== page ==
I began spreading ashes from our homes on the pile of bodies when I noticed ash around my sister’s lips wetted the ash.
“Dad, Maddie, she’s bleeding. She’s alive.”
My father turned away from the impaled head. His mouth gaped open. He sprinted next to us and put his cheek near her mouth.
“I can’t feel anything. Her skin is cold. But I see what you mean. Lurx, go into out hut, there is a iron box with a green emerald necklace. Bring it to me — hurry.”
I ran into the flamed-out skeleton of our home. I immediately saw the opened iron box in the middle of the floor. I’ve never saw it before, it must have held the daggers too. I grabbed the necklace and felt a rush of energy surge through my arm. I felt strong, my muscles felt like they ballooned under my clothes. Startled, I dropped the necklace; immediately if felt the surge ease away. Magic, it must be magic. I snatched it from the floor and took it back to my father.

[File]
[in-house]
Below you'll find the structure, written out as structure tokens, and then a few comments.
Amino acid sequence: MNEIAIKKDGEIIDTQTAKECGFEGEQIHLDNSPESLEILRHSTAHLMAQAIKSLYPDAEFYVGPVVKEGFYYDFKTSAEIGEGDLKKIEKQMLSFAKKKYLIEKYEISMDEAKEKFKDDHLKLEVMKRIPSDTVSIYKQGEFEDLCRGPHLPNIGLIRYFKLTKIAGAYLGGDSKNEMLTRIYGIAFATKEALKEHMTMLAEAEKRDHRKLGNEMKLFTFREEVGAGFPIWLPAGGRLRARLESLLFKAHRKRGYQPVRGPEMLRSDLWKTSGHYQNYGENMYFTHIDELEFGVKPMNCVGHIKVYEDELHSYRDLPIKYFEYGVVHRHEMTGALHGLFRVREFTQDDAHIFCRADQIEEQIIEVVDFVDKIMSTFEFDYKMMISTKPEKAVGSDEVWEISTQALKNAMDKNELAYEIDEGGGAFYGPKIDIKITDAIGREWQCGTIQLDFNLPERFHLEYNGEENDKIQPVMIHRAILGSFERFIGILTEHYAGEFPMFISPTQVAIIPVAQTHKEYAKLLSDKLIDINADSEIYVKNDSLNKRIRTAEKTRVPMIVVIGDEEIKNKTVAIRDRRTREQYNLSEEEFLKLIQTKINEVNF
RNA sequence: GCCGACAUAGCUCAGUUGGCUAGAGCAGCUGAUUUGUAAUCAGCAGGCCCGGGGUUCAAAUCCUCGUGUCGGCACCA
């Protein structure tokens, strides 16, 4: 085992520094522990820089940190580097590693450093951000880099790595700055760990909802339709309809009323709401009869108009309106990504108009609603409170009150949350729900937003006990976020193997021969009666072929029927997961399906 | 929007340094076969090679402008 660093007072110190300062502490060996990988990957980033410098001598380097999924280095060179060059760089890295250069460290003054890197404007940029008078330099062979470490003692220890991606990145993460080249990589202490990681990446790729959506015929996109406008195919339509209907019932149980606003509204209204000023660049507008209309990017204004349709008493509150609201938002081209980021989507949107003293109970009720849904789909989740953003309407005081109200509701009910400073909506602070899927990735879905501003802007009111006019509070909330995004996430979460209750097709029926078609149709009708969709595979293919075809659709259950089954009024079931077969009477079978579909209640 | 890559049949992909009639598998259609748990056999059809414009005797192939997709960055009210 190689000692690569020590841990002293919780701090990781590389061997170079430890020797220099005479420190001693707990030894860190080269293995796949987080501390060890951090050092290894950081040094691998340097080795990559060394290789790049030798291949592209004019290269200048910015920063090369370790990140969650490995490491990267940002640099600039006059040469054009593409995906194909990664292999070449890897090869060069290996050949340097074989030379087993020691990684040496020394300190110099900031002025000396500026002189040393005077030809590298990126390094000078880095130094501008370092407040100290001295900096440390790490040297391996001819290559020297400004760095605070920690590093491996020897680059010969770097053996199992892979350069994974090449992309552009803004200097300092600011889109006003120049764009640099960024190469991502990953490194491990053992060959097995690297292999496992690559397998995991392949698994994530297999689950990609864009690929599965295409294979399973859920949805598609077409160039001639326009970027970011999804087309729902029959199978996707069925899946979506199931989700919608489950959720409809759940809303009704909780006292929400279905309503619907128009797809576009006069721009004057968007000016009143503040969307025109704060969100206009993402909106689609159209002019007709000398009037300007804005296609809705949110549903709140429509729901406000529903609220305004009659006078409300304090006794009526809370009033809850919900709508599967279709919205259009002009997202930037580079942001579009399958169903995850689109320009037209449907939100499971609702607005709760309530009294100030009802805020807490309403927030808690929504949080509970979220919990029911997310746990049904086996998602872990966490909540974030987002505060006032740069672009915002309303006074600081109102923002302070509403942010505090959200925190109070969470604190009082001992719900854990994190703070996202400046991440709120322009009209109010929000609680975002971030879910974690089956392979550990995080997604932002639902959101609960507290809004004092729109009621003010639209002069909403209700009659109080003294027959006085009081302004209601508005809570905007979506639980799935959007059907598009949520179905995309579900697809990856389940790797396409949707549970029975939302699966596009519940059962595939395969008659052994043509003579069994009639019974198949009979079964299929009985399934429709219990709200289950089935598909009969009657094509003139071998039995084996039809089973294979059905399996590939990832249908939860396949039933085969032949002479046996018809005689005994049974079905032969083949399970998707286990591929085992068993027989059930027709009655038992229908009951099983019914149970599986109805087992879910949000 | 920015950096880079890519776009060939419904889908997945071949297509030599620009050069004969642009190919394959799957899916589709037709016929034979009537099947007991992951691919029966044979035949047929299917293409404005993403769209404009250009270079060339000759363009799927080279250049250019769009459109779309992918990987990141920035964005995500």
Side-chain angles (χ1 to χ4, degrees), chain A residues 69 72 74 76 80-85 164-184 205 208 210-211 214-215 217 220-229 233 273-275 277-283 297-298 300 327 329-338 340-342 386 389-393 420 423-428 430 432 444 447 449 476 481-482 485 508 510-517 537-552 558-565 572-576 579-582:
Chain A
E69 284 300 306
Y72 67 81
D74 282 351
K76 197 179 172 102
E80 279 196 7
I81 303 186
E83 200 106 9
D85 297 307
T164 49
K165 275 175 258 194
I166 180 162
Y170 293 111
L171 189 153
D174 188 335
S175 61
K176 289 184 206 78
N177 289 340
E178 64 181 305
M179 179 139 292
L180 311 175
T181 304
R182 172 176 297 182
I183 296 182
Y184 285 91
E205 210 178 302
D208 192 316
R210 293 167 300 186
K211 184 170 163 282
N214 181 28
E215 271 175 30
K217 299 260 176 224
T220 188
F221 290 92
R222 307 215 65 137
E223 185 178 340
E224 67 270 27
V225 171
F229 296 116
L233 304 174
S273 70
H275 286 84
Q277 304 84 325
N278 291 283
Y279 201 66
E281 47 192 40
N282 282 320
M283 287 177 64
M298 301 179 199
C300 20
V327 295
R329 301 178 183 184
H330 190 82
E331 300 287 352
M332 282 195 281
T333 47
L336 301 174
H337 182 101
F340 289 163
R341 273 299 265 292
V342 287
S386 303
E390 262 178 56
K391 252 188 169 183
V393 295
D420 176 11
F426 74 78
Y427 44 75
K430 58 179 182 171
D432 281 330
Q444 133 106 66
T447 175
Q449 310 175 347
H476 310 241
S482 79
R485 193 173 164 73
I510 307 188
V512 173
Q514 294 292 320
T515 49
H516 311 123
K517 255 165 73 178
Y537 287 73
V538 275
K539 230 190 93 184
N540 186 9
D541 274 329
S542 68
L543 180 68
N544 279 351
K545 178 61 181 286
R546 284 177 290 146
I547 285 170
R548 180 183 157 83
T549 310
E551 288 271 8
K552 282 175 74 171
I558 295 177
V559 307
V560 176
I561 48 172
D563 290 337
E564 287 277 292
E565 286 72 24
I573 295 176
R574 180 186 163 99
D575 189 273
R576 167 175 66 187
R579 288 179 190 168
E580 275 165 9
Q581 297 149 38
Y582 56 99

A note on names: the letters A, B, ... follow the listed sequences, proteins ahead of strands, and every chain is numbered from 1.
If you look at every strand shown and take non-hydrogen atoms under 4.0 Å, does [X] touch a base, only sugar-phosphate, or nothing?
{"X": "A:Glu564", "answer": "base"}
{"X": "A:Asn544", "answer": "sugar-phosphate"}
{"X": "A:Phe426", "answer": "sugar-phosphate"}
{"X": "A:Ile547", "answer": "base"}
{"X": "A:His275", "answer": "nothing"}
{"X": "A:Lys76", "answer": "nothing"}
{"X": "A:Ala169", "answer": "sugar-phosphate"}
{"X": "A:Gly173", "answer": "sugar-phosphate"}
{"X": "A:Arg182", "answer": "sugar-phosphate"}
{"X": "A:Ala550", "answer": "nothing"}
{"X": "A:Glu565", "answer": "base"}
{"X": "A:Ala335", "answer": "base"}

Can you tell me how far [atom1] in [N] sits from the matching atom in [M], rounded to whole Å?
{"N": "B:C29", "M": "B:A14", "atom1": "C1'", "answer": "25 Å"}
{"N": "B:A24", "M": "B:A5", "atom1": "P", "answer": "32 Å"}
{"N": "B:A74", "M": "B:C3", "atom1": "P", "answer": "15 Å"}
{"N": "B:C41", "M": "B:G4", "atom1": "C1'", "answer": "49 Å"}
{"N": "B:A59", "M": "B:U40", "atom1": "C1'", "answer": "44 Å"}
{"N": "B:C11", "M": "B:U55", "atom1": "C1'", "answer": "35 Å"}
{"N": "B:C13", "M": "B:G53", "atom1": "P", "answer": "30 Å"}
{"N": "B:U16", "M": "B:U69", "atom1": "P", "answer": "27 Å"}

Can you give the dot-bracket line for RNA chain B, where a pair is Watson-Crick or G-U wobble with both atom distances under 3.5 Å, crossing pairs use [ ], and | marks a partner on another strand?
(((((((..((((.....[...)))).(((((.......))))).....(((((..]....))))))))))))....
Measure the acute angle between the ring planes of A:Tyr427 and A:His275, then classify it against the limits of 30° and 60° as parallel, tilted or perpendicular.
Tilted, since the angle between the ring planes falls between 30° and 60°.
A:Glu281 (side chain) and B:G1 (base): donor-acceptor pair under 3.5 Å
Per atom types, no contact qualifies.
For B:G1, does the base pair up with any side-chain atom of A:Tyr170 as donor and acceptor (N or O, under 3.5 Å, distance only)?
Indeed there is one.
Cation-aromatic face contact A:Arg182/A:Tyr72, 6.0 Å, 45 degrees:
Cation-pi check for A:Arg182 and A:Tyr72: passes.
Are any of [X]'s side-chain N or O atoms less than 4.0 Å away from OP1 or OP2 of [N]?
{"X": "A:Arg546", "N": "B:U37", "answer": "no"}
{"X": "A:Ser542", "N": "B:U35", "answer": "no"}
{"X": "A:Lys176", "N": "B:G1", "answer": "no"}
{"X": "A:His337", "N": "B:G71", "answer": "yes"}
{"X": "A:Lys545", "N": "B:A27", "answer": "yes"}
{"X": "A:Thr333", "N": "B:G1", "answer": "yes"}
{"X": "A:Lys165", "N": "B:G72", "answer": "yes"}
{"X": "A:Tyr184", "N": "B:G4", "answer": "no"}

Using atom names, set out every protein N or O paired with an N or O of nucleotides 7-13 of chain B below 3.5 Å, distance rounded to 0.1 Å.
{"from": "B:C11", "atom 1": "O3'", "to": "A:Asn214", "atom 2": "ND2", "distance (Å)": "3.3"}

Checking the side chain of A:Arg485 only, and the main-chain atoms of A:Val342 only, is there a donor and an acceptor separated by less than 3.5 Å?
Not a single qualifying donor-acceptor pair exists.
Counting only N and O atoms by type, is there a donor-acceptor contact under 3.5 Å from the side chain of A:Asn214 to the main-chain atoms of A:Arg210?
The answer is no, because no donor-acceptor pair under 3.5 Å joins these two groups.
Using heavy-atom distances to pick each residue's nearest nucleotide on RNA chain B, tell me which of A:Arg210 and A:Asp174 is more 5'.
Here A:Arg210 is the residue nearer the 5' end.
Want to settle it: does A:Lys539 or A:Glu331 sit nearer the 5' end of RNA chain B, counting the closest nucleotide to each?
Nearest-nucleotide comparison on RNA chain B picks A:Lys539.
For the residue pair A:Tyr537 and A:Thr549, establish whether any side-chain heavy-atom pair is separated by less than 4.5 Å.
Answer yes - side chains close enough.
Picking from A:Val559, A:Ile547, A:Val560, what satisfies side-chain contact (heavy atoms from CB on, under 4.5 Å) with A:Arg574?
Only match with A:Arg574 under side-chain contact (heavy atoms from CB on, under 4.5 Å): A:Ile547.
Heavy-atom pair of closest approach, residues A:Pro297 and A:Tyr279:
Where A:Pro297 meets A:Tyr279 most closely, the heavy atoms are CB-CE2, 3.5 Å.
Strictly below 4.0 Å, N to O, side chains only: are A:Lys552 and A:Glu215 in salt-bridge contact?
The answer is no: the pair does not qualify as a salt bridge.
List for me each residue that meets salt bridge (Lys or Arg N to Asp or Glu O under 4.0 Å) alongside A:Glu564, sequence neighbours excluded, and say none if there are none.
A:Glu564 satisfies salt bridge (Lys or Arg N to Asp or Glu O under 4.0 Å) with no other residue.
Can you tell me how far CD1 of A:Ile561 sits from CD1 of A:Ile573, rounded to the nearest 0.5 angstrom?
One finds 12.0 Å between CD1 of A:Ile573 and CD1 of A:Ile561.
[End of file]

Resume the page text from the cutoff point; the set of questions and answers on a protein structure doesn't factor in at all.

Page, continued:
“Here Dad. What is that?”
“It’s a necklace that will grant her health and strength, it’s not very powerful. We need to get her to an old friend. He’s a necromancer, he’ll be able to help her. We’ll need to protect your sister; this necklace will barely keep her alive.”
My hand brushed away the ashes from her cheeks. My mind began to focus on one task, save Maddie. I looked up to see my father was gone. My head snapped around, nothing. I didn’t want to call out; there was no telling who or what was still out there. I looked down at Maddie and could see her chest rise and fall. Her lungs gurgled with every exhale. Just when panic began to creep in, I heard the hoof-steps. I eased Maddie’s head down then stood up to face the beast. My grip tightened on my dull dagger; I cursed myself for not grabbing my pistol from the hut. The shape of a massive centaur rose from behind the mound. It was the Sergeant. I braced my body, waiting for him to charge, then I noticed his arms pulled behind his back.
“Lurx, get the cart and pad it. Put Maddie inside.”
Closer into view I could see one of my father’s Crescent daggers fixed under the centaurs chin like a hose’s bit. It was apparent the centaur was a prisoner who will work for us now.